June 2015
Volume 56, Issue 7
Free
ARVO Annual Meeting Abstract  |   June 2015
Replacing the Slit Lamp with a Mobile Multi-Output Projector Device for Anterior Segment Imaging
Author Affiliations & Notes
  • Shantanu Sinha
    MIT Media Lab, Massachusetts Institute of Technology, Cambridge, MA
  • Nickolaos Savidis
    MIT Media Lab, Massachusetts Institute of Technology, Cambridge, MA
  • Everett Lawson
    MIT Media Lab, Massachusetts Institute of Technology, Cambridge, MA
  • Ramesh Raskar
    MIT Media Lab, Massachusetts Institute of Technology, Cambridge, MA
  • Footnotes
    Commercial Relationships Shantanu Sinha, None; Nickolaos Savidis, None; Everett Lawson, None; Ramesh Raskar, None
  • Footnotes
    Support None
Investigative Ophthalmology & Visual Science June 2015, Vol.56, 3162. doi:https://doi.org/
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      Shantanu Sinha, Nickolaos Savidis, Everett Lawson, Ramesh Raskar; Replacing the Slit Lamp with a Mobile Multi-Output Projector Device for Anterior Segment Imaging. Invest. Ophthalmol. Vis. Sci. 2015;56(7 ):3162. doi: https://doi.org/.

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      © ARVO (1962-2015); The Authors (2016-present)

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Abstract

Purpose: The gold standard for examining the anterior segment of the eye is the ophthalmic slit lamp. Slit lamps are bulky, contain many moving parts, require trained physicians to operate and cause discomfort due to light sensitivity. We demonstrate an experimental solid-state computational platform employing light steering techniques to project a synthetically generated slit of light onto the eye that provides functionality similar to that of a slit lamp. This low-cost, portable device reduces the examination time from the order of a few minutes to about five seconds.

Methods: The compact system consists of three modules: a pico projector, a standard RGB camera and simplified optics. The pico projector outputs a computationally generated slit of light - a vertical line in the frame of the projector. A pair of lenses collimate and focus this slit onto the subject’s eye. Thus, as this line is translated in the frame of the projector, an arc is observed on the surface of the eye, with the virtual axis of rotation passing through the subject’s eye, as is the case in a conventional slit lamp. Employing a beam splitter, the 60 fps RGB camera is placed on the optical axis to image the anterior chamber in high definition. The captured data is transferred to a computer, where it is analyzed by an ophthalmologist after the actual exam.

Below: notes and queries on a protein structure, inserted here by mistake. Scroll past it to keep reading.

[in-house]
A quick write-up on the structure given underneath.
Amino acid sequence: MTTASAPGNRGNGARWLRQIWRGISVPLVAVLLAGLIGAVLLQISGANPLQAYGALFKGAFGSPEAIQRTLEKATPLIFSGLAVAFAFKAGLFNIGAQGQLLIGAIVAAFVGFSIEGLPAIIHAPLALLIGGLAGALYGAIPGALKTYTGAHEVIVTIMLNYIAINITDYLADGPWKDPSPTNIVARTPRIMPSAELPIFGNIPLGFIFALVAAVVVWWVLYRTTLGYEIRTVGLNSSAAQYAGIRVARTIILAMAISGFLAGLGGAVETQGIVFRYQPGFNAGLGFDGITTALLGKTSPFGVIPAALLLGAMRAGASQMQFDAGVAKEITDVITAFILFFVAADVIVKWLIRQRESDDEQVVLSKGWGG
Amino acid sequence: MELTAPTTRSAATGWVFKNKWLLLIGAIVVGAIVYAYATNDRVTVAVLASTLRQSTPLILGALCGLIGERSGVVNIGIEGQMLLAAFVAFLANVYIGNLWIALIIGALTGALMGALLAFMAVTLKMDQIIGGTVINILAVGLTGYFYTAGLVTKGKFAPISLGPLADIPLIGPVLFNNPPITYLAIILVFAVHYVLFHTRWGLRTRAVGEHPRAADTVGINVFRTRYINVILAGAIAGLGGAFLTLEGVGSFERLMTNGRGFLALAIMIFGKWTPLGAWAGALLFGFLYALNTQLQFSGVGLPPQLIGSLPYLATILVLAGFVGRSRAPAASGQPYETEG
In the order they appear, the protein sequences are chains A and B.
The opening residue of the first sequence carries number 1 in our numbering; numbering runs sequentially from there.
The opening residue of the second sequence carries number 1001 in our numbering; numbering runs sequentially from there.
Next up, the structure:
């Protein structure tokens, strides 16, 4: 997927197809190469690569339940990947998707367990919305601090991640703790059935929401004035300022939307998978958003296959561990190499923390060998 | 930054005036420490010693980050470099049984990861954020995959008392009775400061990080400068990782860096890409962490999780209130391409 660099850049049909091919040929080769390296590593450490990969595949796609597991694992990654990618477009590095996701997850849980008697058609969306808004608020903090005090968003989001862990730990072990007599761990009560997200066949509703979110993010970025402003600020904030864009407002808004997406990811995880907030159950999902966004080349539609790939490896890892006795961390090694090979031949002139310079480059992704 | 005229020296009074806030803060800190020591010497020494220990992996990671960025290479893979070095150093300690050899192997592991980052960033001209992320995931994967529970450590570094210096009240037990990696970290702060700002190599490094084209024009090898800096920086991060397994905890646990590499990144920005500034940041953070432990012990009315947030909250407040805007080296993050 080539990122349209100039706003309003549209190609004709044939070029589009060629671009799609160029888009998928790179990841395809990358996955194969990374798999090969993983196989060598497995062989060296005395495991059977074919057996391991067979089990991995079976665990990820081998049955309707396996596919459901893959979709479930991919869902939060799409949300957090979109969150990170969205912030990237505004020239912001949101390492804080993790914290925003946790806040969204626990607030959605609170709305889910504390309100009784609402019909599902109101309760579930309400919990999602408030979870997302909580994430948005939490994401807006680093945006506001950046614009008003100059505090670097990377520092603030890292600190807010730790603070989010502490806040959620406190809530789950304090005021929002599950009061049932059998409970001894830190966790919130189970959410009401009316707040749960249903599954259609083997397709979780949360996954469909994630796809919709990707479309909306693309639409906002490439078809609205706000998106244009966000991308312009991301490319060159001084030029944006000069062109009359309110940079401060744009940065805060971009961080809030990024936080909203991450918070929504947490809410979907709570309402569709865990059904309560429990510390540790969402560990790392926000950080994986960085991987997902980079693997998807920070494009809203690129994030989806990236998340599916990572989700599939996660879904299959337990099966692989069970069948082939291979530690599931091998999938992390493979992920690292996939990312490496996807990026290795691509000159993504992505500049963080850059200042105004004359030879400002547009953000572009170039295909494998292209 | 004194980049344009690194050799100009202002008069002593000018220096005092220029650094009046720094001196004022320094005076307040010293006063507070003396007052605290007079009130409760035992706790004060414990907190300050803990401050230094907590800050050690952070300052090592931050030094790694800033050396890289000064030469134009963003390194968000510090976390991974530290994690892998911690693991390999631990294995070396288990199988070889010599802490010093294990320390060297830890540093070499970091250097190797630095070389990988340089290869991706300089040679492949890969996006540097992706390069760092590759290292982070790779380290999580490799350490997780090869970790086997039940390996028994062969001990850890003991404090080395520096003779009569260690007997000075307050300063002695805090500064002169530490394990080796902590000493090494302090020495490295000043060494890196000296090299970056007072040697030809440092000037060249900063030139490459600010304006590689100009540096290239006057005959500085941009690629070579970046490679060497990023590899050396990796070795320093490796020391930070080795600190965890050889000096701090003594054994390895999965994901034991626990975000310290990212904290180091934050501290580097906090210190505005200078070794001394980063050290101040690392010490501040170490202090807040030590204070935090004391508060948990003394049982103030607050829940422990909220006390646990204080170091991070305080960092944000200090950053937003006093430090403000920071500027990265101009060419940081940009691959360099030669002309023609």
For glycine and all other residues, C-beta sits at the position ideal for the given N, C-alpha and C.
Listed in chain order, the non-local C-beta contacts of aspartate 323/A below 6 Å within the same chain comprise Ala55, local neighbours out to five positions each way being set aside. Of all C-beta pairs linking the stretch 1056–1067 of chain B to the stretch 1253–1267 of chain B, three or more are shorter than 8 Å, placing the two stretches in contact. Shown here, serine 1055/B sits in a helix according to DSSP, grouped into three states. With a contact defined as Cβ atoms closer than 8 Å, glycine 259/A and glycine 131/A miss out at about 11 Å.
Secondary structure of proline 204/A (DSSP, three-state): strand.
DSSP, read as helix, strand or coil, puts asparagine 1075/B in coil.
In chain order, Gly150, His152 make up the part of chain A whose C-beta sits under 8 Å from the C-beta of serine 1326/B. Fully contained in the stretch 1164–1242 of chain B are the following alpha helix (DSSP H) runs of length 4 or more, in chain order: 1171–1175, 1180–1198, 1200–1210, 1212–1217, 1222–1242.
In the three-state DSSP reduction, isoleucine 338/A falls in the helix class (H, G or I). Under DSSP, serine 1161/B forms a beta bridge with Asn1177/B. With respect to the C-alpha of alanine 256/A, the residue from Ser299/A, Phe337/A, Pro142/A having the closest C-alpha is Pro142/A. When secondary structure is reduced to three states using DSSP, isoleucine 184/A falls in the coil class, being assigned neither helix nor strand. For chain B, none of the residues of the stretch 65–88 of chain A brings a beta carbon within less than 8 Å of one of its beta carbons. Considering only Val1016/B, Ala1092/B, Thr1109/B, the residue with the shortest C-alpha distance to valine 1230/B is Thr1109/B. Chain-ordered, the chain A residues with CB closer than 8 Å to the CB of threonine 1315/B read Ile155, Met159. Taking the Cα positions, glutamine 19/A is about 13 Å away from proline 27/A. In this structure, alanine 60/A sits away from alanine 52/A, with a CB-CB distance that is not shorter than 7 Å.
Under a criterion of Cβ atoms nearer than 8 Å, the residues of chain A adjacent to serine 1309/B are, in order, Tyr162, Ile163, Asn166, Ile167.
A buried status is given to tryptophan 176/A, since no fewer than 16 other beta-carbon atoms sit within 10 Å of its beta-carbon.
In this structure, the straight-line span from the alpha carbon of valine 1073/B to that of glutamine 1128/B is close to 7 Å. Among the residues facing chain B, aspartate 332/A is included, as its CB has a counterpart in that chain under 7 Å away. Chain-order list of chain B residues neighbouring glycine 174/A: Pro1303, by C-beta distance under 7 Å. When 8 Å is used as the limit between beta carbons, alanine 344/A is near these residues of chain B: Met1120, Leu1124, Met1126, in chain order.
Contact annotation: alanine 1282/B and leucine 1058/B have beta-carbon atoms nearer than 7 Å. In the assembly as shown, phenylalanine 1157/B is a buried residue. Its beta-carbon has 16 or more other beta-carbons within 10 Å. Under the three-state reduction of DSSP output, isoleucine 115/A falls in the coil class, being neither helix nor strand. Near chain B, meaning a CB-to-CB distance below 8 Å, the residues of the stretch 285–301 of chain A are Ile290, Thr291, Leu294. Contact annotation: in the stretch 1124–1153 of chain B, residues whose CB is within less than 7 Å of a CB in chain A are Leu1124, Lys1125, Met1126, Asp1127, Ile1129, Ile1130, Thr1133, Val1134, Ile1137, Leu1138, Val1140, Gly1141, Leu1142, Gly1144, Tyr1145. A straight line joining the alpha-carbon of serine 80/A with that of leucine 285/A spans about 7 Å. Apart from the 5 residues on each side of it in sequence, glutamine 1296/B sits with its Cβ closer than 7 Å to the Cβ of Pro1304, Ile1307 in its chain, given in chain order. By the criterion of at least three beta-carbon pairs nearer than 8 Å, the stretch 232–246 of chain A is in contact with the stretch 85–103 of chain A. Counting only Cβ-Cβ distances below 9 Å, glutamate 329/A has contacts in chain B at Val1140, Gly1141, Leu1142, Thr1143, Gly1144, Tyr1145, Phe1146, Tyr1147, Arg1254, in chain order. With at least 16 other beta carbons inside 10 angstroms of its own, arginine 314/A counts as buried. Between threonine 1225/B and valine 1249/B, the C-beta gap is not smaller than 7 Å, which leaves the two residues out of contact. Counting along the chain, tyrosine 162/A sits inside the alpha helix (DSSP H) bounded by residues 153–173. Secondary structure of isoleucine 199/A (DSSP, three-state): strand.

Results: The device is compact and portable - fits in a 120 mm long and 60 mm wide area. Our prototype exhibits a similar functionality to that of an ophthalmic slit lamp with an 80 degree field of view. The nature of the device alllows to project any computationally generated pattern onto the eye and is not limited to a vertical slit pattern. The high frame rate of the capture sequence allows for the entire examination to be performed in under 5 seconds, as compared to a conventional slit lamp exam which takes a few minutes.

Conclusions: We have proposed a prototype device for imaging the anterior segment of the eye that has no moving parts, can be operated by less skilled technicians and has a form-factor that enables the device to be moulded into a handheld/wearable device. Ease of use and low hardware complexity facilitates use of the device in low-income societies and in parts of the world with poor access to highly skilled ophthalmologists. The low examination time would greatly reduce eye pain associated with light sensitivity, as compared to a conventional slit lamp exam.

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